That is, for any cartridge 70, the normal mounting of a stylus 72 locates the stylus tip at a point. Both by measurement and by experimentation, the location of this point can be determined whether the stylus 72 is actually mounted on the cartridge 70 or not. When the stylus 72 is not on the cartridge 70, the point is an imaginary stylus-tip-representing point. The point is always at the same location relative to the cartridge 70, can be considered a point "of" the cartridge, and "orbits" the cartridge 70 as the cartridge 70 moves, much as a fixed position or geosynchronous communication satellite orbits the earth as it moves. Thus, by measurement or experimentation, locations of the cartridge 70 can be determined such that the stylus-tip-representing point of the cartridge 70 is on the line defined by the indicator 77 and the center of the opening 50. The work station 64 can then be located on the plate 22 such that a cartridge 70 nested in the station 64 is in such a position of alignment.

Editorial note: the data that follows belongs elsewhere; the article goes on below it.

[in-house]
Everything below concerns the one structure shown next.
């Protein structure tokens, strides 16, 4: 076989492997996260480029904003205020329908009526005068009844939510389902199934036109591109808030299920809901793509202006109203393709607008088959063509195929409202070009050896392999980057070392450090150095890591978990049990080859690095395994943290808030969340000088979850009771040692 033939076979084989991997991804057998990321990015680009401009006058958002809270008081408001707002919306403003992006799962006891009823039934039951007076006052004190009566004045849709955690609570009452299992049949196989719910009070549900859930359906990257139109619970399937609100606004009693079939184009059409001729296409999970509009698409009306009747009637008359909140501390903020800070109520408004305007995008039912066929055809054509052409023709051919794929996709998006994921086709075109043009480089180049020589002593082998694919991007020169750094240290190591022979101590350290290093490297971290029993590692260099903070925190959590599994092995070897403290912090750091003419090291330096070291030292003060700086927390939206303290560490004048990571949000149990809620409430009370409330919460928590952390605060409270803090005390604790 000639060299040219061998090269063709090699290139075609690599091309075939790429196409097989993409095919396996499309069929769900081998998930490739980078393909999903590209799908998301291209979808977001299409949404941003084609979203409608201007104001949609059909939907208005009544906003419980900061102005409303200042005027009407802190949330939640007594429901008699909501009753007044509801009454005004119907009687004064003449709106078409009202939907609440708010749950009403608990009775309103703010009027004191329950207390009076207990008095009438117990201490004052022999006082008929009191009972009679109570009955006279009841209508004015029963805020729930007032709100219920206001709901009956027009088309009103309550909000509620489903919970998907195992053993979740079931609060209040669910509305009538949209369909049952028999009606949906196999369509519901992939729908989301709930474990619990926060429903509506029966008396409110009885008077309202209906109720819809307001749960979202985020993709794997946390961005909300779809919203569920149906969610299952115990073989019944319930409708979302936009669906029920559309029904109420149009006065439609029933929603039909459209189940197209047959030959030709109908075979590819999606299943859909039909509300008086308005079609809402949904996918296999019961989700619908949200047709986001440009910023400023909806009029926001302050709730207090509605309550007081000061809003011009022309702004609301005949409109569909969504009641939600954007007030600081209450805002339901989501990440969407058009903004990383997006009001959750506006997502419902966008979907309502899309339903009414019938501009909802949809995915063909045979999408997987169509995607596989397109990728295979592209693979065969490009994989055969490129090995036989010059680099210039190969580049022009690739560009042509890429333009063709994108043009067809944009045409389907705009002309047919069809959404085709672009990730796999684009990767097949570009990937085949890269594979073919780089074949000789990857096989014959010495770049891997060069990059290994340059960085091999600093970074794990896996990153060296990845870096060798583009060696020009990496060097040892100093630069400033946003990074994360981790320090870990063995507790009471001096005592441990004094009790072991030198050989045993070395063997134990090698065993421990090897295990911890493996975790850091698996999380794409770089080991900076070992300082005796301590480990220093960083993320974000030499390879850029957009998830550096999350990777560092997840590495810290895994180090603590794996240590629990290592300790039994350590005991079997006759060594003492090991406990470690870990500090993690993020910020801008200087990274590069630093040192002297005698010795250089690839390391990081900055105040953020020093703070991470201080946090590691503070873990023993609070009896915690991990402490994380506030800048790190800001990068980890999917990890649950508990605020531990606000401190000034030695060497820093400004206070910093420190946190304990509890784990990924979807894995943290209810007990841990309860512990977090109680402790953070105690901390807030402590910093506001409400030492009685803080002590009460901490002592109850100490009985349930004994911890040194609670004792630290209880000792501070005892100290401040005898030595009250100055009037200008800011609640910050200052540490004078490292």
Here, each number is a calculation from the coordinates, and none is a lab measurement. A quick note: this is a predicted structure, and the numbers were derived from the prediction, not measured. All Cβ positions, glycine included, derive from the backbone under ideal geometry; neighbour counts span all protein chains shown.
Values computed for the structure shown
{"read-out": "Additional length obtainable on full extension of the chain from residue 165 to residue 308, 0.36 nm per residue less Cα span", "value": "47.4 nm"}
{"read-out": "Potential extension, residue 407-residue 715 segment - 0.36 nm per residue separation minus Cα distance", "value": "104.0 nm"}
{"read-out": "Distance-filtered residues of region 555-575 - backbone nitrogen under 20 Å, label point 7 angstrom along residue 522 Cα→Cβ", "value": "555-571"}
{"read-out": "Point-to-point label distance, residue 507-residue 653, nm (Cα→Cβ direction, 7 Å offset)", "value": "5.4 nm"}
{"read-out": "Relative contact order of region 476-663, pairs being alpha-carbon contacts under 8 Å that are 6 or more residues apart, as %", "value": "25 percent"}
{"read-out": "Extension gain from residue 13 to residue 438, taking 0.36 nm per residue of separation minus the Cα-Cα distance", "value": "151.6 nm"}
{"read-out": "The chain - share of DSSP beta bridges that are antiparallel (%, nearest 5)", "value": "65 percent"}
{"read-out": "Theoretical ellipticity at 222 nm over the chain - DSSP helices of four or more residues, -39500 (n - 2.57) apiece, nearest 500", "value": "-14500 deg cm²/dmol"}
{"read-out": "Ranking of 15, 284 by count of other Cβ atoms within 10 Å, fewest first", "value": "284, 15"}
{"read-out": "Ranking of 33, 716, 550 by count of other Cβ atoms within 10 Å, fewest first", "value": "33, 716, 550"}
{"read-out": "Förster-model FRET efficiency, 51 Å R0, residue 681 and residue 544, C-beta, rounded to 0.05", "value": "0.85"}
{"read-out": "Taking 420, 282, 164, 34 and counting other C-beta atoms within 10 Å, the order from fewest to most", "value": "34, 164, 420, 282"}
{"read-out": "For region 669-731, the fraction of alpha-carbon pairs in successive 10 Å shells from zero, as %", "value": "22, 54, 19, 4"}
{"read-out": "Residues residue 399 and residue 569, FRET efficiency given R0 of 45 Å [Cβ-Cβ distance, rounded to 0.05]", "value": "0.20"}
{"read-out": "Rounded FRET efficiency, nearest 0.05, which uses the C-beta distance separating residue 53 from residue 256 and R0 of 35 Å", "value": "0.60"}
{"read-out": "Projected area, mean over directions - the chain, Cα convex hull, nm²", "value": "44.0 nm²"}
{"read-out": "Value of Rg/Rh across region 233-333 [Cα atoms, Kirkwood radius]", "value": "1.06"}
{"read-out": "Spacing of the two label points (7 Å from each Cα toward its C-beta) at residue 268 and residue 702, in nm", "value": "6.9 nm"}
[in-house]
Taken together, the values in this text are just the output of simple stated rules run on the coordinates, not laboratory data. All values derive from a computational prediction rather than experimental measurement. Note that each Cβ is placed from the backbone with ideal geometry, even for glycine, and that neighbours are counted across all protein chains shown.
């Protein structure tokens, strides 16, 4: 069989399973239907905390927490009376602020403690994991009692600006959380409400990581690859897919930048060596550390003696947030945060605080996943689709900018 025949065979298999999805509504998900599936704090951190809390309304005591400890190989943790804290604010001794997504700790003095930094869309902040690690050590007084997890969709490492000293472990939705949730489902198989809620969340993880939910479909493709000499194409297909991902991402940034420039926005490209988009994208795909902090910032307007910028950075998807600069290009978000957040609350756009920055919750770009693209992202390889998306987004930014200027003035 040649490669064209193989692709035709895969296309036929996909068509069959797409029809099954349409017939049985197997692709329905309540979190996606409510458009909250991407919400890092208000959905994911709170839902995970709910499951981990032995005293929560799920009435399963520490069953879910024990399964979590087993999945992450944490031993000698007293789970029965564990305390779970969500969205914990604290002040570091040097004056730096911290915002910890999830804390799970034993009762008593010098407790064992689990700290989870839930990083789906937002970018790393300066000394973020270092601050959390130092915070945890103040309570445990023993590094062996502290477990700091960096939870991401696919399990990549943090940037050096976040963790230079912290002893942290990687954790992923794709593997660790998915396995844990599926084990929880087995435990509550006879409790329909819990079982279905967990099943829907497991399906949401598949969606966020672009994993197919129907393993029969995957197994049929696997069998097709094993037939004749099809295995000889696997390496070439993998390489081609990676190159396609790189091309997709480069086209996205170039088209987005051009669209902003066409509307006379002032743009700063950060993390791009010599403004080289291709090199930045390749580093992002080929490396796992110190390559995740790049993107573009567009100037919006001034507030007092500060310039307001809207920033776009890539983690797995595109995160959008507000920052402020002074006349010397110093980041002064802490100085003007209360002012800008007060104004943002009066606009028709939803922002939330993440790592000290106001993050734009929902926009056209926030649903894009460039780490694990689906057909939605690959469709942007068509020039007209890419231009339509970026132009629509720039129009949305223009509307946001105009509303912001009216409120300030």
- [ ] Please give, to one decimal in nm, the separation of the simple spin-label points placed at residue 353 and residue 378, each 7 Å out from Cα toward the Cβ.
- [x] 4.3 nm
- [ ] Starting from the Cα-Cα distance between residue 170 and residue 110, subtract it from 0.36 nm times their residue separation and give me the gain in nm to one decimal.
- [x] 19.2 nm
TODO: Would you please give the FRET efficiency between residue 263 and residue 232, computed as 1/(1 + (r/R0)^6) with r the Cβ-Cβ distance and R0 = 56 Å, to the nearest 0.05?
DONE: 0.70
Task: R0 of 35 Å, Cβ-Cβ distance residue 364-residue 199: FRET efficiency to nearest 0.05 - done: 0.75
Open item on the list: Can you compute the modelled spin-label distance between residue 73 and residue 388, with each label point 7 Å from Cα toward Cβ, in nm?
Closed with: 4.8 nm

Alternatively, the station 64 can be randomly located on the plate 22, the stylus-tip-representing point can be determined, and the indicator 77 and slot 74 can be located on the plate 22 so that the stylus-tip-representing point, center of the opening 50 and indicator 77 are on a single, common line. The indicator 77 thus constitutes a means for linearly aligning (i) the point representing the stylus tip, (ii) the center of the combination pivot point-spindle opening 50 and the center of a spindle 78 within the slot 74.